Why I support the strikers

2011-09-02 00:00

THERE are many reasons why I support the strikers, especially those who work in government departments and municipalities, etc.

I speak from experience, having been in the government service in one of the “lower” salary brackets for most of my life.

The main cause of the problem, in my humble opinion, is the huge gap, salary wise, bet­ween the workers and management.

The strikers are always blamed as being the bad guys, which is true to a degree because in a lot of ways they exacerbate their position. Most if not all of the strikers are in the lower income bracket, and are the ones in most need of decent salaries.

I do understand and sympathise with their anger but do think that violence is unnecessary. However, if things are not put straight between management and the lower-income earners, the strikes are going to become worse and more frequent in years to come. And I will stand behind them every time, if things remain the way they are.

What are the downfalls of the system the way it stands?

When the workers go on strike and demand an increase of say 10%, what people have to realise is that should they get it, all staff will be getting it.

Now, the strikers are blamed for crippling the economy but this is not the case, as I will show.

Let us do some calculations.

A worker on the bottom end of the salary scale might be earning R3 000 per month, whereas a worker in a management position could be earning up to R50 000 per month, and in some cases more.

The poor people at the bottom of the scale might be happy with getting a 10% increase but their increase is only R300 per month.

But the people at the top of the ladder are getting R5 000 per month. So why should they worry about the effects of the strike? They are at least seeing a decent change in their income.

I am quite sure that this is why those in control will talk percentage increase and not an amount in cash.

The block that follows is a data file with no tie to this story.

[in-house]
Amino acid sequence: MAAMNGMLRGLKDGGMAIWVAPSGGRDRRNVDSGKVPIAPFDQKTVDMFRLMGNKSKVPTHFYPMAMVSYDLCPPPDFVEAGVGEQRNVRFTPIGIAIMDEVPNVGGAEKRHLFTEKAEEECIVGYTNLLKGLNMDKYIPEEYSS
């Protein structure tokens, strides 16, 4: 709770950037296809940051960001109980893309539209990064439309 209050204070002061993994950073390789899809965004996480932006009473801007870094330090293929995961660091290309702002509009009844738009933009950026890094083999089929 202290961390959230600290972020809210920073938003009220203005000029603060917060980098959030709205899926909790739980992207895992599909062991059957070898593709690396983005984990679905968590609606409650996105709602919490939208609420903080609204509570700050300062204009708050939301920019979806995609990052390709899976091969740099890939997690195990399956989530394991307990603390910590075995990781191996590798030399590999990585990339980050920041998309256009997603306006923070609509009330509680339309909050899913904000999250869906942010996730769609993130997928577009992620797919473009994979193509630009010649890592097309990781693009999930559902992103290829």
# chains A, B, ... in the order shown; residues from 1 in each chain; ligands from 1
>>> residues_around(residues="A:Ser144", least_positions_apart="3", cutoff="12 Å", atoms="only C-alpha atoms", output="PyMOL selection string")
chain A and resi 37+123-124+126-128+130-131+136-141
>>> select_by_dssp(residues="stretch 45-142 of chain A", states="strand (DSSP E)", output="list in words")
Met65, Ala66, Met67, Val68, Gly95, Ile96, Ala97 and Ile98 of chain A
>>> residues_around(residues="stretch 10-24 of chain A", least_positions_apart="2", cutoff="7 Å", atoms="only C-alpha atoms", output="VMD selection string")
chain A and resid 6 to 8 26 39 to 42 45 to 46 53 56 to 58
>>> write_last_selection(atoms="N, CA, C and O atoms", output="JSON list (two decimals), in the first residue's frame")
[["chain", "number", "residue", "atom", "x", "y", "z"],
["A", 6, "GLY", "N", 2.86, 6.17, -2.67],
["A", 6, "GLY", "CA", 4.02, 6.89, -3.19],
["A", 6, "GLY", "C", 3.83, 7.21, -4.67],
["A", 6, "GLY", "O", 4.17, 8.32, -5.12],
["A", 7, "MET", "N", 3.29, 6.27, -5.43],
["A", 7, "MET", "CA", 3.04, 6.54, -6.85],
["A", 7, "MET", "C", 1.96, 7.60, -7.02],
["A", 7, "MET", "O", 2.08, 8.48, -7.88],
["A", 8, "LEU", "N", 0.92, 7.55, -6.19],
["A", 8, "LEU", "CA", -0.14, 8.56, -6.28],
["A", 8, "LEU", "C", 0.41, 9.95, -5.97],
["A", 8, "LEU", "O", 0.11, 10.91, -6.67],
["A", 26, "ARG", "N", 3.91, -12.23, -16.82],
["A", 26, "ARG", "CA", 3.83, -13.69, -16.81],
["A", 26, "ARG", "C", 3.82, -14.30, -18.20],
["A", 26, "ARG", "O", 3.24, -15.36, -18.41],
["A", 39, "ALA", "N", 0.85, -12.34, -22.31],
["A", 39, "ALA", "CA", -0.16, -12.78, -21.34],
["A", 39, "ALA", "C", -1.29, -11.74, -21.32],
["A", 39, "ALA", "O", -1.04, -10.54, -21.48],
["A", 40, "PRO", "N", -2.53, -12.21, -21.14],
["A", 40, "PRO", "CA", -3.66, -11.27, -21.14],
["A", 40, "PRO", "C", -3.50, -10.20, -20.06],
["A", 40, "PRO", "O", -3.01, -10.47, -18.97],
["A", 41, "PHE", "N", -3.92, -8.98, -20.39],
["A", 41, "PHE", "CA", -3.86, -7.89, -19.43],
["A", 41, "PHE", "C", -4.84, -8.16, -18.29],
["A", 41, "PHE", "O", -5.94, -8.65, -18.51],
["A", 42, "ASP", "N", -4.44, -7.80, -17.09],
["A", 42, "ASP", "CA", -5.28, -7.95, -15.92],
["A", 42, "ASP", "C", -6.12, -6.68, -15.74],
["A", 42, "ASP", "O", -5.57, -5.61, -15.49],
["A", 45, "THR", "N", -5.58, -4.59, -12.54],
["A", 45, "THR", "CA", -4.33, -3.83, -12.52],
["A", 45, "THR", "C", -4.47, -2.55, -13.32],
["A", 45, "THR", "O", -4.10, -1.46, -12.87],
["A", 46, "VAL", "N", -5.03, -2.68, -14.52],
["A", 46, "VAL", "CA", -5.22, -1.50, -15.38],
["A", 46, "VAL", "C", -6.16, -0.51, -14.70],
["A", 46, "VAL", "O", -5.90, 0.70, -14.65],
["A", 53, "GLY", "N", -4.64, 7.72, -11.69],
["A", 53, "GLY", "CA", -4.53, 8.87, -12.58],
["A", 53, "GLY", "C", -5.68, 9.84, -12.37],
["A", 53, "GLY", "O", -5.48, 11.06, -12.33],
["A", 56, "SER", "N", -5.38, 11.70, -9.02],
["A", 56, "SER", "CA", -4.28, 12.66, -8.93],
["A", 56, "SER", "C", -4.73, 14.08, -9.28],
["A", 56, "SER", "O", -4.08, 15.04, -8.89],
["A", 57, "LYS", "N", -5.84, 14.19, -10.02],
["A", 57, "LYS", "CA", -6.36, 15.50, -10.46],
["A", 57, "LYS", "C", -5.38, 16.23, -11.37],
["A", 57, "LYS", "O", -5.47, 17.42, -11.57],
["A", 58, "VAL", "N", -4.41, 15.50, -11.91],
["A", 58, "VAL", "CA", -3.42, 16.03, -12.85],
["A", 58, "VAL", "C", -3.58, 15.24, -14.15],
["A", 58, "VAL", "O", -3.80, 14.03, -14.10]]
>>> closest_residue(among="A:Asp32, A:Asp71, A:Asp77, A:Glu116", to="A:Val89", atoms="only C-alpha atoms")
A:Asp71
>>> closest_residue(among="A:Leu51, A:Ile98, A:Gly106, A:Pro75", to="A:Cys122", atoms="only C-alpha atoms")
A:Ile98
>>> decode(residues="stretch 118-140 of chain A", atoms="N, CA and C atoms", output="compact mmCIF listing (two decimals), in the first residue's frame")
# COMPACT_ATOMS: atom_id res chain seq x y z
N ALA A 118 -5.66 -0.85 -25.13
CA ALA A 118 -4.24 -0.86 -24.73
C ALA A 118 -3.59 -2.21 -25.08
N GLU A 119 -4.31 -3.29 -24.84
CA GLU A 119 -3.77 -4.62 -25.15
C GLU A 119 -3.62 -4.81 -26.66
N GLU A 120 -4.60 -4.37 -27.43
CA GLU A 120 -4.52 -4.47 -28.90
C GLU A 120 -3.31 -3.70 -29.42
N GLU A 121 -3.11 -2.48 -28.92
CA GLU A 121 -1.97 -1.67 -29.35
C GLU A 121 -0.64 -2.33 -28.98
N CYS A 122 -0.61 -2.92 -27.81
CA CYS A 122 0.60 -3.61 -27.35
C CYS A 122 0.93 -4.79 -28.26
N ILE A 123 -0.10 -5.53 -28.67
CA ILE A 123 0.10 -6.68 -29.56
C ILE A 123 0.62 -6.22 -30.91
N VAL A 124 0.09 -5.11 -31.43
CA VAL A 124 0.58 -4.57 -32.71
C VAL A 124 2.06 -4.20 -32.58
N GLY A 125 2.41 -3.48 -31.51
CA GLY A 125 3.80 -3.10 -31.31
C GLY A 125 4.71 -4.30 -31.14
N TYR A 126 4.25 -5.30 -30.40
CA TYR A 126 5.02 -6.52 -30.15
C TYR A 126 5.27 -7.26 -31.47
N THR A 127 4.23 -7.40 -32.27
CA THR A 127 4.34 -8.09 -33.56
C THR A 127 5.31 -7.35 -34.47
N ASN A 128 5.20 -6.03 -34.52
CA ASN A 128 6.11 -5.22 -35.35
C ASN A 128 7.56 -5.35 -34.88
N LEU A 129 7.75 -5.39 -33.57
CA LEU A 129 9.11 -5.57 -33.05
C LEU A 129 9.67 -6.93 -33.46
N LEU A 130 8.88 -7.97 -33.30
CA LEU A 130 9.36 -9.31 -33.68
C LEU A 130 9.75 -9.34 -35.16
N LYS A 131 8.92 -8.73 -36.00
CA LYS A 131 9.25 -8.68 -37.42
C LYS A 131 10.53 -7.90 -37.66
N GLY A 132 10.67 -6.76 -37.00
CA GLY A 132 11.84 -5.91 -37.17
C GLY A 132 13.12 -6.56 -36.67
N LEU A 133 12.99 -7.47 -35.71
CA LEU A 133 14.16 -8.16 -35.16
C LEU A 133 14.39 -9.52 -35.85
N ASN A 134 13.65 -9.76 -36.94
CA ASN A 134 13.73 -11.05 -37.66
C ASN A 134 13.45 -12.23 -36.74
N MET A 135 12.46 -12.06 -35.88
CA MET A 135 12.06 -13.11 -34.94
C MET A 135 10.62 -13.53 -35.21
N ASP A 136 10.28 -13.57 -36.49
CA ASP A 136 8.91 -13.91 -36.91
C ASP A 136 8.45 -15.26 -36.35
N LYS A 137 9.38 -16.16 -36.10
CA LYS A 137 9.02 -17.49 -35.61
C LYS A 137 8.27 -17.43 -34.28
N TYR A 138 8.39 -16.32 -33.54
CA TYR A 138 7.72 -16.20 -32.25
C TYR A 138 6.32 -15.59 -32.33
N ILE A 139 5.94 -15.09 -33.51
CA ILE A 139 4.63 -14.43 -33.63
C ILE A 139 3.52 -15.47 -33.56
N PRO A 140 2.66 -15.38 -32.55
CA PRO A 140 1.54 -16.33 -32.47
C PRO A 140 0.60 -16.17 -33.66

The poor workers, however, find themselves in a similar situation as they did before the strike, due to the fact that inflation goes up and they see their money being eaten up by increased food prices, increased electricity bills and increased water bills, etc.

So, they are back to square one.

It is not the striker who is crippling the country but those at the top of the ladder who are getting huge salaries. The striker generally just wants a better way of life.

Already the salary gap between the worker and management is huge and if the system does not change, the gap between those on the bread line and below and those who have wine with their dinner is only going to increase and things will only get worse.

I know, a lot of the time the problem is blamed on the poor white guy or apartheid, but in truth it must be blamed on those in charge, whether they run the country, big business or are just running their own small business. Skin colour has absolutely nothing to do with it.

There are two ways I can see to end the problem.

• Increases, if done by percentage, should be done on a sliding scale.

For example, the worker at the bottom of the ladder should be getting a 20% increase, while the person at the top gets five percent.

Let’s do some calculations. On R3 000 the worker will be getting an increase of R600 per month. On R50 000 the top person will be getting R2 500 per month.

As you can see, the difference between the two is still enormous and needs to be adjusted but it does illustrate how bad the situation is.

• There could be an increase “across the board” to all employees, which is equal.

For example a R500 increase to all staff, no matter what level they are employed in.

Now, do you really think management will go for this? Of course not.

I know a lot of people will disagree with what I have had to say but who really is in charge of our country (and I think this goes for a lot of other countries as well)? Who really holds the power? The unions. And the unions are there because the workers ask them to help.

If the workers were treated fairly they would have no need for unions and they would eventually collapse and fade away.

To my mind, if there were honesty and fairness in our country it would be in a far better position.

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